200,000 receive back pay

In a recent press release, HMRC urged underpaid workers to complain as figures show that the number of workers getting the money they're owed by employers has doubled after interventions by HMRC.

According to latest figures, in 2017-18, HMRC investigators identified £15.6 million in pay owed to more than a record 200,000 of the UK’s lowest paid workers.

HMRC launched its online complaints service in January 2017, and this has contributed to the 132% increase in the number of complaints received over the last year and the amount of money HMRC has been able to recoup for those unfairly underpaid.

The figures are published as the government launches its annual advertising campaign designed to encourage workers to act if they are not receiving the National Living Wage or the National Minimum Wage.

Industries most affected include restaurants, bars, hotels and hairdressing.

Further information:

  • People not receiving at least the minimum wage can fill in an online pay and work rights complaints form.
  • It is the responsibility of employers, no matter how big or small, to pay the correct wage to their staff, and failing to do so can result in fines of 200% of the arrears, public naming and, for the worst offences, criminal prosecution.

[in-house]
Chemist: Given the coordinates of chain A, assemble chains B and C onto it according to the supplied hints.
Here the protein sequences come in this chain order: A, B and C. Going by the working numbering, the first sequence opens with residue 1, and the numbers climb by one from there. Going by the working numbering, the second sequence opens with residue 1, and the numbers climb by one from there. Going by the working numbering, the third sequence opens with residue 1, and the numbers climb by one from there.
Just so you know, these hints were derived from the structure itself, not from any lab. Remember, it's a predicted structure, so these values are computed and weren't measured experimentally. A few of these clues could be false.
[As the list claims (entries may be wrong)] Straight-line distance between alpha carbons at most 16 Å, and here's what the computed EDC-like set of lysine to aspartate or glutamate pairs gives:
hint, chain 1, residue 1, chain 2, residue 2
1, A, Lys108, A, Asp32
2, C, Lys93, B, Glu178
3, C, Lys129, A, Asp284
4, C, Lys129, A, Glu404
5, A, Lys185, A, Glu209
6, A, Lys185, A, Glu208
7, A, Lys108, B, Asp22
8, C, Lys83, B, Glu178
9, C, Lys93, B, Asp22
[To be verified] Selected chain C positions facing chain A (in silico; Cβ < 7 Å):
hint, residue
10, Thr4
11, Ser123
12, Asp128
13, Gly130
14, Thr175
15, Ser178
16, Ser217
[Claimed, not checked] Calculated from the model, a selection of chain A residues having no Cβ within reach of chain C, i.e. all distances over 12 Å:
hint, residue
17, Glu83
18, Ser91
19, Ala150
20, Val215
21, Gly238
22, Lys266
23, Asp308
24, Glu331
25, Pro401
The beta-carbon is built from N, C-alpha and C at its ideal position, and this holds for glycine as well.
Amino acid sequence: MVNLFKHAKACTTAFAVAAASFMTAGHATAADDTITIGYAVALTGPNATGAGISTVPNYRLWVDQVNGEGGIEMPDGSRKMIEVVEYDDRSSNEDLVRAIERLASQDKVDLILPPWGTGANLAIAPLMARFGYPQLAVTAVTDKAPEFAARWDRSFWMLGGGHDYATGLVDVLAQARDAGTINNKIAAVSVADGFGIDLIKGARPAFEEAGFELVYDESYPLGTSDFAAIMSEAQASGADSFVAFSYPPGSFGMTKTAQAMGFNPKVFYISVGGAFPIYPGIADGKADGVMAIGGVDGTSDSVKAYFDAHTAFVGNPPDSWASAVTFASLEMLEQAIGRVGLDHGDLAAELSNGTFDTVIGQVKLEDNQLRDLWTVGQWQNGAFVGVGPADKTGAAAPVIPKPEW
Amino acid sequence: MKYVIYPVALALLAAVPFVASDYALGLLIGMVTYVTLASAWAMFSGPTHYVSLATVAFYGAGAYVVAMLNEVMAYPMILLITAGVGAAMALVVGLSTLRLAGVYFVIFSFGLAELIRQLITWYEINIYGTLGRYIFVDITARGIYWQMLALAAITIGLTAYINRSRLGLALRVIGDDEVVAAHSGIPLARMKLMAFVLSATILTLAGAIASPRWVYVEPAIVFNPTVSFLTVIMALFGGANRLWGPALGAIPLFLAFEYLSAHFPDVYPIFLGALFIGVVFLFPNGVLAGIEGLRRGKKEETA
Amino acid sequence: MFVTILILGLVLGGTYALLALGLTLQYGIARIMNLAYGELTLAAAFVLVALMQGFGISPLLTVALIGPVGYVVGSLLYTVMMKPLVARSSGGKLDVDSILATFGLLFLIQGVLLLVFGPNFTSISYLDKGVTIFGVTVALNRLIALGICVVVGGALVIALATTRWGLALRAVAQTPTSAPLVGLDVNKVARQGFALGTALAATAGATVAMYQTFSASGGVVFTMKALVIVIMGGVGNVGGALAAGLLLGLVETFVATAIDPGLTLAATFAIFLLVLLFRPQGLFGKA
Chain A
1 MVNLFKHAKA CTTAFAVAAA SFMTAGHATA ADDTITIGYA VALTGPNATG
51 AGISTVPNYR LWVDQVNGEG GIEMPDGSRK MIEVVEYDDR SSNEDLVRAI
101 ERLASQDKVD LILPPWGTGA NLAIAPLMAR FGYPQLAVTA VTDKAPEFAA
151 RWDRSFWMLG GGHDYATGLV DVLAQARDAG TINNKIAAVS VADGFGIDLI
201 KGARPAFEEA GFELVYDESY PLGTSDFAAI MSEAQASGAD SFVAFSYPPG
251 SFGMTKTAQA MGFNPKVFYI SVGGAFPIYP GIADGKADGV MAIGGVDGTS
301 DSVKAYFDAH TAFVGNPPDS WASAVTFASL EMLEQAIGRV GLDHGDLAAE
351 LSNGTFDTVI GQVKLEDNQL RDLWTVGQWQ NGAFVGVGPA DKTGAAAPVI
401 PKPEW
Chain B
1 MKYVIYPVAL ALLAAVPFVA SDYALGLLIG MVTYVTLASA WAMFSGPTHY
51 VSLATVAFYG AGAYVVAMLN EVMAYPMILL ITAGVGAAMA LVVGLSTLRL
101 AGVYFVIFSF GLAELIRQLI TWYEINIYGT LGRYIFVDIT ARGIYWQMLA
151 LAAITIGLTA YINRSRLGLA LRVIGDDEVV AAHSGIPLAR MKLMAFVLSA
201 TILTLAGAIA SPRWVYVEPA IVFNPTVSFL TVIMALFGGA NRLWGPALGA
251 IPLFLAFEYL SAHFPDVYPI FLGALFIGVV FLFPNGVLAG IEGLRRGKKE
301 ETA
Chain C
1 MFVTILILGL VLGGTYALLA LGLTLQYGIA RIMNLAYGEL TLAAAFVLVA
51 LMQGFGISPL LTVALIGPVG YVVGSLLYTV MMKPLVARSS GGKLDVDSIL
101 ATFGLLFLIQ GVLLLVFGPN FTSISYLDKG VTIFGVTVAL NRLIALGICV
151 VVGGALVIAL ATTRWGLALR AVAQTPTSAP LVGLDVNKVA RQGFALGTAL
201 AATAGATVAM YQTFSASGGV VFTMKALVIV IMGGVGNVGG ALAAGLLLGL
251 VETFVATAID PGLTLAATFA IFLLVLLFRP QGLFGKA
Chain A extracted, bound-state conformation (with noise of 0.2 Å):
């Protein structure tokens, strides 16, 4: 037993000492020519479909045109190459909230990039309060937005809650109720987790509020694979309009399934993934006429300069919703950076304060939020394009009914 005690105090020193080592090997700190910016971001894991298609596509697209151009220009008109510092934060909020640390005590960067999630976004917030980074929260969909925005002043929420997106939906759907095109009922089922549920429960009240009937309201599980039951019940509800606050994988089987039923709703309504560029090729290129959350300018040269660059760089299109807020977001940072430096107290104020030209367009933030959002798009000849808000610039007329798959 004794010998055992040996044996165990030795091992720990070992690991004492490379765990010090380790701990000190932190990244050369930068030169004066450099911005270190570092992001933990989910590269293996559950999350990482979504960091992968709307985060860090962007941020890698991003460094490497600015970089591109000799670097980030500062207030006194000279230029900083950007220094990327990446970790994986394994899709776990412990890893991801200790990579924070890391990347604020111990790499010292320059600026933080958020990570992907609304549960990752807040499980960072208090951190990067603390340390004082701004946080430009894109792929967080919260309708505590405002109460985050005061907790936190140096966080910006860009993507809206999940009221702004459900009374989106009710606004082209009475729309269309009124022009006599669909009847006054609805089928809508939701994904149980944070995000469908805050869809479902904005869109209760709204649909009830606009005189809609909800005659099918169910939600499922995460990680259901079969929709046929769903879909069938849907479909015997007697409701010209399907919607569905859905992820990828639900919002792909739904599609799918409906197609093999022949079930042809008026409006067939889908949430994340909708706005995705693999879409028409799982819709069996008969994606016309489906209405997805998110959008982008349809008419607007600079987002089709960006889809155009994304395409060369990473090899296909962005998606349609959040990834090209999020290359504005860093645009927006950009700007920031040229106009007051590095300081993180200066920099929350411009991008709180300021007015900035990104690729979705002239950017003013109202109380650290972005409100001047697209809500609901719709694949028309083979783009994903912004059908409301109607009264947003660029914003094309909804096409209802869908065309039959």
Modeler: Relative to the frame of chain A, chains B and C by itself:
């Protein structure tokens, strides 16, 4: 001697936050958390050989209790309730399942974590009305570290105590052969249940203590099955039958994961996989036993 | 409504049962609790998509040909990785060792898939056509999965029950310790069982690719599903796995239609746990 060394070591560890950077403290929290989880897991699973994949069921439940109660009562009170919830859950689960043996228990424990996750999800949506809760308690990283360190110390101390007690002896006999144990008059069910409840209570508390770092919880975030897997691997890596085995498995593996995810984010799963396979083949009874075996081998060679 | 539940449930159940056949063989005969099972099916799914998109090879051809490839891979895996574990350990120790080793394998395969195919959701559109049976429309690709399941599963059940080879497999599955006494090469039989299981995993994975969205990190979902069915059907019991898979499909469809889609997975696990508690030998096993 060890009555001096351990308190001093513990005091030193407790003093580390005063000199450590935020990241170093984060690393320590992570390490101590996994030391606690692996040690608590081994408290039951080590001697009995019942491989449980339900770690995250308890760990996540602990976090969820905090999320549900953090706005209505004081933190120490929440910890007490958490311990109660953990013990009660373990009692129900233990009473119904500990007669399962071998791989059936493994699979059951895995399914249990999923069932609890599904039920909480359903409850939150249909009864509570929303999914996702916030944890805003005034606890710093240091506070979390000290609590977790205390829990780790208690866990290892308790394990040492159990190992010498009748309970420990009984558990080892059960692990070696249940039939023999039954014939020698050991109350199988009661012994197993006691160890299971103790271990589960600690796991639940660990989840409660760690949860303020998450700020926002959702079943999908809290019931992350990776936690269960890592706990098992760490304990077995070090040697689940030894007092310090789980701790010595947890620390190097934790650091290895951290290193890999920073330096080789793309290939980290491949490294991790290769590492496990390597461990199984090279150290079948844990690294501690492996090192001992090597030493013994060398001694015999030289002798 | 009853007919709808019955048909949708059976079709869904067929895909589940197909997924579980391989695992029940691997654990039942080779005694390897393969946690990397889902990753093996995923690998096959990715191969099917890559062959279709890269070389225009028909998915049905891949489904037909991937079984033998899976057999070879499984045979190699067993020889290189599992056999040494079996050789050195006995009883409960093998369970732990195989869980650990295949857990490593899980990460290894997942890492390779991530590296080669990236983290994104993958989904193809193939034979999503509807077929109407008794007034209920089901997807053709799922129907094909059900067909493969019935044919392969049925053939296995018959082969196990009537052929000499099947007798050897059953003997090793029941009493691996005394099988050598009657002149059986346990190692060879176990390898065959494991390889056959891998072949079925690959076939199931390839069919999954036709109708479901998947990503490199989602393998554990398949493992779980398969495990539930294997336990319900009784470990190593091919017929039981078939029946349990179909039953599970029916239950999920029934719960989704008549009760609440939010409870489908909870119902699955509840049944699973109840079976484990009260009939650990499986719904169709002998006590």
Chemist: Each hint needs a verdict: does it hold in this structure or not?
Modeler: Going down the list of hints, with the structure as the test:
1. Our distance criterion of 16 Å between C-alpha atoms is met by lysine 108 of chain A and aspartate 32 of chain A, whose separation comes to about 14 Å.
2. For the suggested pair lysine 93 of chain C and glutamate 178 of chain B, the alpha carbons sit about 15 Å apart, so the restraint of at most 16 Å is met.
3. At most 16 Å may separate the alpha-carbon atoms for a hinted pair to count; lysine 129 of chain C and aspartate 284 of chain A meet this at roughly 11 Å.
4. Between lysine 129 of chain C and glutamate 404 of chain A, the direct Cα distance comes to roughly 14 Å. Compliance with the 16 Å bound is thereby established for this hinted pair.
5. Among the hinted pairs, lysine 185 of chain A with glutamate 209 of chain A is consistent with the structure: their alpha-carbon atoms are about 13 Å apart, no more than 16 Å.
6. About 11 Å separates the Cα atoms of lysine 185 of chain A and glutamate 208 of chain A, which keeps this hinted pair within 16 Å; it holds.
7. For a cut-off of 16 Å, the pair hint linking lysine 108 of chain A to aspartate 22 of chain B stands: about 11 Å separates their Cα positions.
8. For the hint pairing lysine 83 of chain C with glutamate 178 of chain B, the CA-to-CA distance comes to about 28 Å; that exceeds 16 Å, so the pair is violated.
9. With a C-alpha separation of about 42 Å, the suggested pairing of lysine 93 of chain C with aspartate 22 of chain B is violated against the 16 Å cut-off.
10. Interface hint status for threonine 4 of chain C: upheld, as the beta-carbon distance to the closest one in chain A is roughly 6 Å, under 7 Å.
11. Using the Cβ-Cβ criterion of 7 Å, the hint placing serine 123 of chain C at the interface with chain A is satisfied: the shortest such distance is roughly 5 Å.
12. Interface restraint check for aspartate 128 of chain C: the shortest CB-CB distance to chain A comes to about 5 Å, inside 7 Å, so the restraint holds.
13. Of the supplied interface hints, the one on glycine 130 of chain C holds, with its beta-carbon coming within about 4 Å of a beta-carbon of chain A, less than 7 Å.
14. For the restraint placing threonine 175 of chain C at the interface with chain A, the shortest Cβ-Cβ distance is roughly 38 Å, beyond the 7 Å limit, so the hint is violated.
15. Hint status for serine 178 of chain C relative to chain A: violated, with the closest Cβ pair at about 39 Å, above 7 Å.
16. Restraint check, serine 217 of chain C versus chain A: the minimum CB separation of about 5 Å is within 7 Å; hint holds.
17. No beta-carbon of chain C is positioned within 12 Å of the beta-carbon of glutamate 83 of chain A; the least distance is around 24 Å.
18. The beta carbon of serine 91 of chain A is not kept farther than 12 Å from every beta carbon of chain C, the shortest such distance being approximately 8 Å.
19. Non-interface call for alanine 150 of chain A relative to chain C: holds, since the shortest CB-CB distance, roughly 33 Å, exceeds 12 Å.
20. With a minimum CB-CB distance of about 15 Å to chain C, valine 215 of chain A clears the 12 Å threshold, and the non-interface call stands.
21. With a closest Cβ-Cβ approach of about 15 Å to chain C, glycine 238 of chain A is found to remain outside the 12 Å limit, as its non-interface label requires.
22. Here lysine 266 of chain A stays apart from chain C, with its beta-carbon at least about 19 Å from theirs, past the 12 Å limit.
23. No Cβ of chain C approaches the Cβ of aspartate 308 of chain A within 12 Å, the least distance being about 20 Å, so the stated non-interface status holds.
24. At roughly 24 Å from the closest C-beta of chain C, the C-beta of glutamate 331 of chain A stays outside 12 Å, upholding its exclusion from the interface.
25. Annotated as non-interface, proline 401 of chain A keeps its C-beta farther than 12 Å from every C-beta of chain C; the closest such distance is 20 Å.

From 1 April 2018, the government’s National Living Wage rate increased by 33p to £7.83 per hour for those aged 25 and over.

The National Minimum Wage increased:

  • by 33p to £7.38 per hour for those aged 21 to 24;
  • by 30p to £5.90 per hour for those aged 18 to 20;
  • by 15p to £4.20 per hour for those aged 16 to 17;
  • by 20p to £3.70 per hour for apprentices.

 

Tax Diary June/July 2018

1 June 2018 - Due date for Corporation Tax due for the year ended 31 August 2017.

19 June 2018 - PAYE and NIC deductions due for month ended 5 June 2018. (If you pay your tax electronically the due date is 22 June 2018)

19 June 2018 - Filing deadline for the CIS300 monthly return for the month ended 5 June 2018.

19 June 2018 - CIS tax deducted for the month ended 5 June 2018 is payable by today.

1 July 2018 - Due date for Corporation Tax due for the year ended 30 September 2017.

6 July 2018 - Complete and submit forms P11D return of benefits and expenses and P11D(b) return of Class 1A NICs.

19 July 2018 - Pay Class 1A NICs (by the 22 July 2018 if paid electronically).

19 July 2018 - PAYE and NIC deductions due for month ended 5 July 2018. (If you pay your tax electronically the due date is 22 July 2018)

19 July 2018 - Filing deadline for the CIS300 monthly return for the month ended 5 July 2018.

19 July 2018 - CIS tax deducted for the month ended 5 July 2018 is payable by today.


DISCLAIMER - PLEASE NOTE: The ideas shared with you in this email are intended to inform rather than advise. Taxpayers circumstances do vary and if you feel that tax strategies we have outlined may be beneficial it is important that you contact us before implementation. If you do or do not take action as a result of reading this newsletter, before receiving our written endorsement, we will accept no responsibility for any financial loss incurred.